Liz Potter, British Philhellenism and the Historiography of Greece: A Case Study of George Finlay (1799-1875), The Historical Review/La Revue Historique, 1|2004, 183-206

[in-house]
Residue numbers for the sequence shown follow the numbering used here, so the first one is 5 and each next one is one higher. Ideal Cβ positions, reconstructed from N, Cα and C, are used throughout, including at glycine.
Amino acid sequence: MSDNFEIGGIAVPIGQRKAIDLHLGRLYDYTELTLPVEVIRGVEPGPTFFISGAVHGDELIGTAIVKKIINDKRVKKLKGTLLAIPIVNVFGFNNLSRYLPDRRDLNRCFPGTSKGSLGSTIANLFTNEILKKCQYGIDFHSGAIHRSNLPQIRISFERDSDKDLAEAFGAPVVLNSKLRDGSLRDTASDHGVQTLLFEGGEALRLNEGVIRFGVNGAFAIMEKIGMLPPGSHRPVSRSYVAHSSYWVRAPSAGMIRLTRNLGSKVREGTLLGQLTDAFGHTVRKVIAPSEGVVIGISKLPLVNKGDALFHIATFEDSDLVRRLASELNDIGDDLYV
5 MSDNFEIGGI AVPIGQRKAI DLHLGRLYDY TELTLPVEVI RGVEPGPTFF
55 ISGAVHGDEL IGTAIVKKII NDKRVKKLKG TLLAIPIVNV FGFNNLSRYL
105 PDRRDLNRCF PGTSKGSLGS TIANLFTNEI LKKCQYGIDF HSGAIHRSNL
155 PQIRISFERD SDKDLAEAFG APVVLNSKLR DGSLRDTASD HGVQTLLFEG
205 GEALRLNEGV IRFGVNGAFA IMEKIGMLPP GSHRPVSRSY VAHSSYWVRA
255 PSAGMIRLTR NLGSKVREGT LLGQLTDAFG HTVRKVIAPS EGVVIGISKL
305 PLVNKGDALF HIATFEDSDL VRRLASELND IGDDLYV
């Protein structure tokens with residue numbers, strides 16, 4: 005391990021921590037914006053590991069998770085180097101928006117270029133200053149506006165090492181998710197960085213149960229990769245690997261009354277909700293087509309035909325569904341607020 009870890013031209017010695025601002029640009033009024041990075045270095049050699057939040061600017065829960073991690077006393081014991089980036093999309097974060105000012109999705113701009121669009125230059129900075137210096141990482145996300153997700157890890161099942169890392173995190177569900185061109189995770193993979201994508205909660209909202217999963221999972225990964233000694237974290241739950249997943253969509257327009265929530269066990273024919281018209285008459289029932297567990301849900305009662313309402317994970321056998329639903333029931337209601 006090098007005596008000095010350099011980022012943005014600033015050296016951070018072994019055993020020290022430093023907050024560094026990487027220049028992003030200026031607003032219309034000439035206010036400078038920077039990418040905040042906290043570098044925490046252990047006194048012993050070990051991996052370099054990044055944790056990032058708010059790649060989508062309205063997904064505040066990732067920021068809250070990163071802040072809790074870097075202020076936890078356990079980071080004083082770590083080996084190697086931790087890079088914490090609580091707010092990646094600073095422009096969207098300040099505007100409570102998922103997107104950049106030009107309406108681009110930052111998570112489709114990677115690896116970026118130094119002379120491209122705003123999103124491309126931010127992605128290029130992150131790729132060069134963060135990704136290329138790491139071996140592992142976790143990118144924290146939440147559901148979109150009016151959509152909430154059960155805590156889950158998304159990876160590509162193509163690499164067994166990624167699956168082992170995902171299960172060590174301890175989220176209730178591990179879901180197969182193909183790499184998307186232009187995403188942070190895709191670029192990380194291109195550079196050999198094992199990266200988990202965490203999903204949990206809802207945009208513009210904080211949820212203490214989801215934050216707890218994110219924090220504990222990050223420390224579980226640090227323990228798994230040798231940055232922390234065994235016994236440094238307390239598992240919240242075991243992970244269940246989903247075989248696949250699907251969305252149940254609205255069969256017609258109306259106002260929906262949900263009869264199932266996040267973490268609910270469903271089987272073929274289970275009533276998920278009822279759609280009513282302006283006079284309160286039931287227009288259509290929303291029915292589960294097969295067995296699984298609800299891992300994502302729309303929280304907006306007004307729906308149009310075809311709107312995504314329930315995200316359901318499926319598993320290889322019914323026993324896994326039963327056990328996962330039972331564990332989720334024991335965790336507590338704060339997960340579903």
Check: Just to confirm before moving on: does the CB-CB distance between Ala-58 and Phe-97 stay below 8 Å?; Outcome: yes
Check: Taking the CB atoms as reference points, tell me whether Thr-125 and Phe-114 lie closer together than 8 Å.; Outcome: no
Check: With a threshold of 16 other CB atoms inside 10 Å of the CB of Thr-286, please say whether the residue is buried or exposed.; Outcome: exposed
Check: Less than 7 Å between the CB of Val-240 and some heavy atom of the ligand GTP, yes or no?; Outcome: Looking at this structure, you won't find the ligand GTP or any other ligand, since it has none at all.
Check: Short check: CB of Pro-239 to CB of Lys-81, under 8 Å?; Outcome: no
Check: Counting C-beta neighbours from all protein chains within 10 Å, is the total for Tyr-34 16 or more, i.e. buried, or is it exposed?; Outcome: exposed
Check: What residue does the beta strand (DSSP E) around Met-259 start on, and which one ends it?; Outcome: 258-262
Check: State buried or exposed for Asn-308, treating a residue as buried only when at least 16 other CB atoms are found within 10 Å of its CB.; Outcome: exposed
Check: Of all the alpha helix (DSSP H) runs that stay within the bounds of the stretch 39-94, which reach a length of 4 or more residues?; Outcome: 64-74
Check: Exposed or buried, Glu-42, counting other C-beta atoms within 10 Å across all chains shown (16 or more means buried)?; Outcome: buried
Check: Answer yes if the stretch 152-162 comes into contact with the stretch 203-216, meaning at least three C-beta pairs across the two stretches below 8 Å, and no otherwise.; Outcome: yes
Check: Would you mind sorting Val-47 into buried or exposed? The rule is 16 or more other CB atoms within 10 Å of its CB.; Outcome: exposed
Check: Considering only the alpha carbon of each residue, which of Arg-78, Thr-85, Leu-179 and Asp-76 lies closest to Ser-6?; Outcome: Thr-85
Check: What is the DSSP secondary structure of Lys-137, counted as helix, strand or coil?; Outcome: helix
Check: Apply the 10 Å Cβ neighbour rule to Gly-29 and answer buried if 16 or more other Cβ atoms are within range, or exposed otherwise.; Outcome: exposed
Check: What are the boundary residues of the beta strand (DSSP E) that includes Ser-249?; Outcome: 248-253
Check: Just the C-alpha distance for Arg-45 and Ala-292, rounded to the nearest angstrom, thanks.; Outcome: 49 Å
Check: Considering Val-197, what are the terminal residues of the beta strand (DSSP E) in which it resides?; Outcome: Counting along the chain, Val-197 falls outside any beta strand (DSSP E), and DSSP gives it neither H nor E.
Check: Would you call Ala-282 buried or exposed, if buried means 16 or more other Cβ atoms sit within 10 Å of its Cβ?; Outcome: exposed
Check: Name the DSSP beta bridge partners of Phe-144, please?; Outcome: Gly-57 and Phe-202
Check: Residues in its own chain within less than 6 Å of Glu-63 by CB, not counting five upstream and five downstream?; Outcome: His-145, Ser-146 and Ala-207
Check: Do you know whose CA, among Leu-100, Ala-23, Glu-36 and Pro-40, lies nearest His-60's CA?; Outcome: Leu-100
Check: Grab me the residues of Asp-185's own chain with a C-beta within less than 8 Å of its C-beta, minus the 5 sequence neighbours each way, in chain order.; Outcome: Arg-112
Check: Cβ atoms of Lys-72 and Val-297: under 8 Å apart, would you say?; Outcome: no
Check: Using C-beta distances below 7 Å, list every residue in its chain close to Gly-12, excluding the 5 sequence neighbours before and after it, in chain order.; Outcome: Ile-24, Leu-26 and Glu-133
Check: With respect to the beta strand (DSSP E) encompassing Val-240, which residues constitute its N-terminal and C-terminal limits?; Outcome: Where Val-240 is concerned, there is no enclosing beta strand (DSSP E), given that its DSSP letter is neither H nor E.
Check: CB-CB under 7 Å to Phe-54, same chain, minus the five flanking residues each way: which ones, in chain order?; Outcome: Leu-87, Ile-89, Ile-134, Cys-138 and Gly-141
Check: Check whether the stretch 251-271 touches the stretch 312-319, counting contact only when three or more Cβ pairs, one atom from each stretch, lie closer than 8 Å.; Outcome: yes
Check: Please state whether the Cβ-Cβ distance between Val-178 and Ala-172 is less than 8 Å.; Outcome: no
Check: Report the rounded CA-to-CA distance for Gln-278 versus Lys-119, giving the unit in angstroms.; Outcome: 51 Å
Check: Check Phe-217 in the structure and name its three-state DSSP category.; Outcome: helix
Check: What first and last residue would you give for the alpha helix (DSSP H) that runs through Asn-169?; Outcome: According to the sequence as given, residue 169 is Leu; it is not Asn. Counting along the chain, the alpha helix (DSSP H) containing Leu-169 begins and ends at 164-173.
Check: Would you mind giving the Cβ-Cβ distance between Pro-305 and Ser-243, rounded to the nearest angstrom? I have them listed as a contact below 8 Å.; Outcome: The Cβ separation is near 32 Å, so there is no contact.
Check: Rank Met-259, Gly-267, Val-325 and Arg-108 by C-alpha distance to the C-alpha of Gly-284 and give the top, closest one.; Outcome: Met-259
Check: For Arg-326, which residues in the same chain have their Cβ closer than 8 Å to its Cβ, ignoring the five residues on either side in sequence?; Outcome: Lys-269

This article offers a case study of George Finlay, a British philhellene whose intellectual make-up deserves more attention than it has previously been given (1). Unlike many Western European philhellenes who returned home disillusioned with Greece, Finlay spent his life in Athens (2); and unlike the overwhelmingly classicising Hellenism of his British contemporaries, his was a Hellenism that insisted on the interest and instructiveness of the history of Greece from the Roman period onwards (3). From a study of his History of Greece BC 146 to AD 1864 (4), and an analysis of its influences (5) and its uses (6), the article portrays Finlay as a complex, supple and interesting thinker. He is of particular interest to the nineteenth-century historian of political ideas for the ways in which he inherited and re-shaped ideas associated with civic virtue, philosophic history and contemporary liberalism.

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